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Bush Blog: February 2009

Not too much time spent in the bush this month although Rob did manage to beat the rains for a week at the beginning of the month, and had a great time by all accounts. February is traditionally quite a wet month - but this does have its rewards, with the entire park at this time taking on a stunning series of variations on the theme: green!

In his brief visit, Rob was able to join the park’s Head of Conservation (& wildlife vet extraordinaire), Carlos Lopes Pereira, on a walk along the Msicadzi River. Beautiful views across a really full Msicadzi towards the Gorongosa Mountain in the distance made for an impressive welcome. This time of year there is less smoke around from bush fires so vistas are generally in the class of amazing to splendid. The park has that rich, sweaty, “alive” feel that the bush gets during the warm and wet summer, and life appears good for the beasties and boidies of Gorongosa. There were many nursery herds of impala around with proud rams in attendance. They’ll be beefing themselves up for the upcoming rut and so won’t be getting too complacent just yet. There was also plenty of evidence that the ele’s have been having some fun with the fever tree forests. It didn’t need Horatio and his CSI team to tell Carlos and Rob that the resident pachyderms have been enjoying the fruits of summer!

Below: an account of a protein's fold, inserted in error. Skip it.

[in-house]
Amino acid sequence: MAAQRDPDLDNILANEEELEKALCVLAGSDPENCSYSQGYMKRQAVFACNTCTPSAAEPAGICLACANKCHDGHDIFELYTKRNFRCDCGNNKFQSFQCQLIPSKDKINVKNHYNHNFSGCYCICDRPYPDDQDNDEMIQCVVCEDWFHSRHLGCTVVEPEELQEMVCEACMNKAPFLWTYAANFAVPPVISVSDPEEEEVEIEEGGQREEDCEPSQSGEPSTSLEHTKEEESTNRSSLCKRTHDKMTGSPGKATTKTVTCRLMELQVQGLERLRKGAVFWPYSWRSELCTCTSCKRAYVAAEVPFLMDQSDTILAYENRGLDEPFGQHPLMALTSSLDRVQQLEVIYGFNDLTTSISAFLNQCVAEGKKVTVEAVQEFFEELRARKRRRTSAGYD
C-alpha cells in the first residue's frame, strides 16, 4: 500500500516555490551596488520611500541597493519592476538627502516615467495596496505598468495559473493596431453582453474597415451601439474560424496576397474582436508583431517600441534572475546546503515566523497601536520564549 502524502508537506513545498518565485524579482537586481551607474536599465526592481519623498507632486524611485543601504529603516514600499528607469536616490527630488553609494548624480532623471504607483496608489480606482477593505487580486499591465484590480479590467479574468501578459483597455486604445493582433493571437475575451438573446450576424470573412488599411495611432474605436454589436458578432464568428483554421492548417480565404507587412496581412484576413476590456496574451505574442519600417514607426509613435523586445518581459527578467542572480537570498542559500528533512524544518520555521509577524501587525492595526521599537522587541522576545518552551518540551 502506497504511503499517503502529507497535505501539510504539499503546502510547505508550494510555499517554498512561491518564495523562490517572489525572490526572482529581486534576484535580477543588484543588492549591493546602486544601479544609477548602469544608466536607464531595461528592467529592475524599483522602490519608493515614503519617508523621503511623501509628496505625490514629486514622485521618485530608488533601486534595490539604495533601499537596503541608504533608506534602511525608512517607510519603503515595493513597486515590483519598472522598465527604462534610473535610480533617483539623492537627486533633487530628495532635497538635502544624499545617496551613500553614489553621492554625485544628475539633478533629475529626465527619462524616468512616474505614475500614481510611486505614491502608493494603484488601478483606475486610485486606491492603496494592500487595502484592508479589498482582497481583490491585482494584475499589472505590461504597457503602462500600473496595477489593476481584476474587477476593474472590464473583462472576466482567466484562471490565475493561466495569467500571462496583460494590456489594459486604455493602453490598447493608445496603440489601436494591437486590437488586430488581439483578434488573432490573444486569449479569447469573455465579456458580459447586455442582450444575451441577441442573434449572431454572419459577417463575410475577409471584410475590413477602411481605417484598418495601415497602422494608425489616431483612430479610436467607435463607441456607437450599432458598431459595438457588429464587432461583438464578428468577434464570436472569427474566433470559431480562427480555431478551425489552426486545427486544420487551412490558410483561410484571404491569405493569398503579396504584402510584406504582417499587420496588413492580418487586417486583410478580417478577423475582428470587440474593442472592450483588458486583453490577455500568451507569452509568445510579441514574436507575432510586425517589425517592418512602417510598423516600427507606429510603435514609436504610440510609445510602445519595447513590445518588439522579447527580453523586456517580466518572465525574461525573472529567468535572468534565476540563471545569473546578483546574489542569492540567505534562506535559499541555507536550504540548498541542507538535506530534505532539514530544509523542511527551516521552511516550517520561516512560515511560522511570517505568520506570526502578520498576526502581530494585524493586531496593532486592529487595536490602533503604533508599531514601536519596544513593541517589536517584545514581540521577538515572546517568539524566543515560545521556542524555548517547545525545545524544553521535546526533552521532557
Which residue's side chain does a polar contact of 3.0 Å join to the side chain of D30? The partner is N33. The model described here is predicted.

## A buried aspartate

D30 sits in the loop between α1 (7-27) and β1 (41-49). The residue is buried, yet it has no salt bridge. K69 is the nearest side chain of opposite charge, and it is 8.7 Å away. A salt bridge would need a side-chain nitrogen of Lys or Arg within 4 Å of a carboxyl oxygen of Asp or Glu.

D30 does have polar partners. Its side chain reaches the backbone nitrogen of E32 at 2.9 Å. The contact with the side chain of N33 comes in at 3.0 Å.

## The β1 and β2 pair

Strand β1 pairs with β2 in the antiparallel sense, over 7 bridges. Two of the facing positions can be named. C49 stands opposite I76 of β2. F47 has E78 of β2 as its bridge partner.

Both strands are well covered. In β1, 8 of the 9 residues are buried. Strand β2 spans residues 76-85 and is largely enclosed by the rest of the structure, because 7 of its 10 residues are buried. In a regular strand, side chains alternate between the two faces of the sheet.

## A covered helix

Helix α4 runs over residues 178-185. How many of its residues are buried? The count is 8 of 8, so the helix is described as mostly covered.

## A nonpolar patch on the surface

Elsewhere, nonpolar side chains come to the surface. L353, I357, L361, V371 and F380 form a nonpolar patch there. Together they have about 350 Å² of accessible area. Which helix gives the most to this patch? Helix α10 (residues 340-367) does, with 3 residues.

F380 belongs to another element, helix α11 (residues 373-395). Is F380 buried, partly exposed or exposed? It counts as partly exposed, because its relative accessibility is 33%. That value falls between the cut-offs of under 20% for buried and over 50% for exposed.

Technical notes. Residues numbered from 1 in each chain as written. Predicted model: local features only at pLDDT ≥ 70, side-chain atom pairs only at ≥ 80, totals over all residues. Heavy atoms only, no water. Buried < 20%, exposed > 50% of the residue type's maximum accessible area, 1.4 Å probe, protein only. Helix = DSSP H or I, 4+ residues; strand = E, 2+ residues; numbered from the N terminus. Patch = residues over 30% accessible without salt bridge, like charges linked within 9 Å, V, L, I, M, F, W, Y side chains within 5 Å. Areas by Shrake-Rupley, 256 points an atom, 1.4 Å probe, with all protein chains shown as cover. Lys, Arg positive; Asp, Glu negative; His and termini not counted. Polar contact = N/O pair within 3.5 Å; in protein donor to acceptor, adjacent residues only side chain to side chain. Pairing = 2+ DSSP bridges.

On their way in, they bumped into a serval close to the remains of a porcupine (well, some quills and a blood-slick). The serval almost certainly did not kill the prickly rodent, but would have been sniffing around the area in the name of curiosity. It was great to get such a close-up view of one of the common, albeit rather elusive, grassland cats of Gorongosa. Spare a thought too for the poor lion wondering around the park with a prickly case of quill-in-paw.

The renowned Gorongosa feathered fraternity are alive and well and Rob reports some great sightings of Crowned Crane flocks in the floodplains, as well as numerous other sightings of waterbird, fowl, raptor and LBJ alike. One great interaction involved a particularly feisty nest-building pair of Paradise Flycatchers who in the space of an hour saw off the attentions of a curious Lizard Buzzard, as well as a particularly relaxed and persistent Cuckoo Hawk that was eventually mobbed to the point of fleeing. Rob assures us he was taking this all in whilst “hard at work” but we somehow don’t believe him. Still, at least he was keeping the hammock warm for our first guests, expected in early May!

Until next month - from a hot and seriously green Gorongosa… ciao!

 

 
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